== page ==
January 4 - Hansa Heavy Lift claims to have transported, for the first time, ship-to-shore (STS) cranes via the Northern Sea Route (NSR).
Hansa Heavy Lift relocated the cranes from the Sea Port of Saint Petersburg (SP SPb) to the Port of Vostochny, spanning both the European and Far East regions of Russia.
The German line claimed that HHL Valparaiso is the first vessel to sail open hatch through the NSR, which is covered by thick ice for most of the year and has a limited window of about two months open to cargo voyages.
This allowed the two cranes, each weighing 820 tonnes and measuring 61 m in height and 92 m in width, to be shipped partially above and below deck.
"The NSR was the only viable option to complete this voyage in the required timeframe," said Gleb Faldin, commercial manager, Hansa Heavy Lift. "In the Arctic there is no room for mistakes. During the passage, the vessel has limited connection and only a few points of shelter.
To navigate the NSR, Faldin explains that it is necessary "to plan carefully, to be prepared for the unexpected, and most importantly to have the right team on board the vessel and in the office."
Faldin added that a delay in the cargo being ready meant that HHL Valparaiso had to be repositioned for the voyage, which was originally planned for HHL Tokyo.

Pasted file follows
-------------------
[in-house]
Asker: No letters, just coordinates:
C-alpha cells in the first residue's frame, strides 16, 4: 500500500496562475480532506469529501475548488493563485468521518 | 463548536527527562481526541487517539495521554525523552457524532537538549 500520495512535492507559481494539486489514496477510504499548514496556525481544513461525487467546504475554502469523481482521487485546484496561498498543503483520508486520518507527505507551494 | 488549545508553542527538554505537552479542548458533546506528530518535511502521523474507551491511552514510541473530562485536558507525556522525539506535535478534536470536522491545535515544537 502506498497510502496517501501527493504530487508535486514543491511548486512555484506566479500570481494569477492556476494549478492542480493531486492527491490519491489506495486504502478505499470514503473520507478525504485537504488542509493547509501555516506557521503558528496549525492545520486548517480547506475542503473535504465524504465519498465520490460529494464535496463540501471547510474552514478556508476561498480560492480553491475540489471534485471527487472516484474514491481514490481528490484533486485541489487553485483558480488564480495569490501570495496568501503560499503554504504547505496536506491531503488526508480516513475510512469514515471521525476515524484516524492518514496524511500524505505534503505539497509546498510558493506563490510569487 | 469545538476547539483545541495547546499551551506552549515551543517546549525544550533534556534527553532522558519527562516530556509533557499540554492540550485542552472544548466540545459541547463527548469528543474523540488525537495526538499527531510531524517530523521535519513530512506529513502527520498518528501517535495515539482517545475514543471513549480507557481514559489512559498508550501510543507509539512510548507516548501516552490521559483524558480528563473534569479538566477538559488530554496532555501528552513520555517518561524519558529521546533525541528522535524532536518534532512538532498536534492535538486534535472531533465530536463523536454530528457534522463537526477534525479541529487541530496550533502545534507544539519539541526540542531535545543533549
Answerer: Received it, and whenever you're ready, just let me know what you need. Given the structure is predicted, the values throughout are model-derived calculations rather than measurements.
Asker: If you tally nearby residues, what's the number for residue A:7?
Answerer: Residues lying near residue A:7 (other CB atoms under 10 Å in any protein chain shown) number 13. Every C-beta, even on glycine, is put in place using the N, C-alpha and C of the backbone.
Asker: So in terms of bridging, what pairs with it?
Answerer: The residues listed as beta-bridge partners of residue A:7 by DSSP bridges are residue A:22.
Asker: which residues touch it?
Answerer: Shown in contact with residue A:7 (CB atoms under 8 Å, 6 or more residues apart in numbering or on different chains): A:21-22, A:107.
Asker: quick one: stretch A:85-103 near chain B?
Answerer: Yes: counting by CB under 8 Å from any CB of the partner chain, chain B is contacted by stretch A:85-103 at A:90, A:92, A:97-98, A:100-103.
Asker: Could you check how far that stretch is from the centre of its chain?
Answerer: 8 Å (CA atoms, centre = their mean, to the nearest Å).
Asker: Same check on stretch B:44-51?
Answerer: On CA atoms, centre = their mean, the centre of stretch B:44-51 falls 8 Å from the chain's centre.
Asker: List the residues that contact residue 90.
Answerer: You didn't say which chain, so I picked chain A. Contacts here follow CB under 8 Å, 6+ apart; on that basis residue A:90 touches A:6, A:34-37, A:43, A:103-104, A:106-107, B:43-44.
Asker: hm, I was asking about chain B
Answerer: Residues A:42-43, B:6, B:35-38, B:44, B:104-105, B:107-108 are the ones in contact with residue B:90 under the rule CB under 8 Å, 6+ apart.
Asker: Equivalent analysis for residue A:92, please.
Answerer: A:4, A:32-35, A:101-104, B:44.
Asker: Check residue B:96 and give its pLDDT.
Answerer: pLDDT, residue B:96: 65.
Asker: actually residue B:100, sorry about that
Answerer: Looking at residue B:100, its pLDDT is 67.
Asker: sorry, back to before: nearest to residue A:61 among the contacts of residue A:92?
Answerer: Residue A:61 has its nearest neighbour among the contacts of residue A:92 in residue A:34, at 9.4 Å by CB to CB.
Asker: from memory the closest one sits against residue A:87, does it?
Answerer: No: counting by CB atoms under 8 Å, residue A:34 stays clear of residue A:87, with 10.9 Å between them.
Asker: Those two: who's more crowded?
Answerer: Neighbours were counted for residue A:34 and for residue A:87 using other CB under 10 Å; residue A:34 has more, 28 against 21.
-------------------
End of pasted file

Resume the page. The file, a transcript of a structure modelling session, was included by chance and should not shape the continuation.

HHL Valparaiso travelled from Qingdao, China to St Petersburg via the NSR to load the cranes, and then went back through the NSR a second time to complete the mission, which according to Hansa Heavy Lift was accomplished in record time.
Crews had limited time to complete the voyage, as the cargo was loaded in October and had to be delivered by late November before the route completely froze over.
Other challenges included limited space aboard the HHL Valparaiso, which holds Ice Class E3 equivalent to Russian Arc.4 (Finnish- Swedish Ice Class 1A).
Heinrich Nagrelli, project and transport engineer at Hansa Heavy Lift stated: "Due to the STS's very high centre of gravity at 30 m above deck and 70 m air draft, as well as draft restriction of 7.7 m, a careful and detailed plan was needed from the start.
"This included a load spreading design and a structural analysis of the hatch covers and lower hold, a lifting stability assessment, a lifting simulation, fulfillment of flag state requirements (open hatch, visibility, arctic weather conditions, COLREGs), and the approval of the Russian Maritime Register of Shipping, as well as the arranging of ice breaker assistance."
ZAO SMM was charterer of the HHL Valparaiso and in charge of overall project management as well as the transportation of the two STS cranes. Mikhail Skripchenko, project manager at ZAO SMM said the "good mutual cooperation with Hansa Heavy Lift ensured the successful and timely implementation of this project."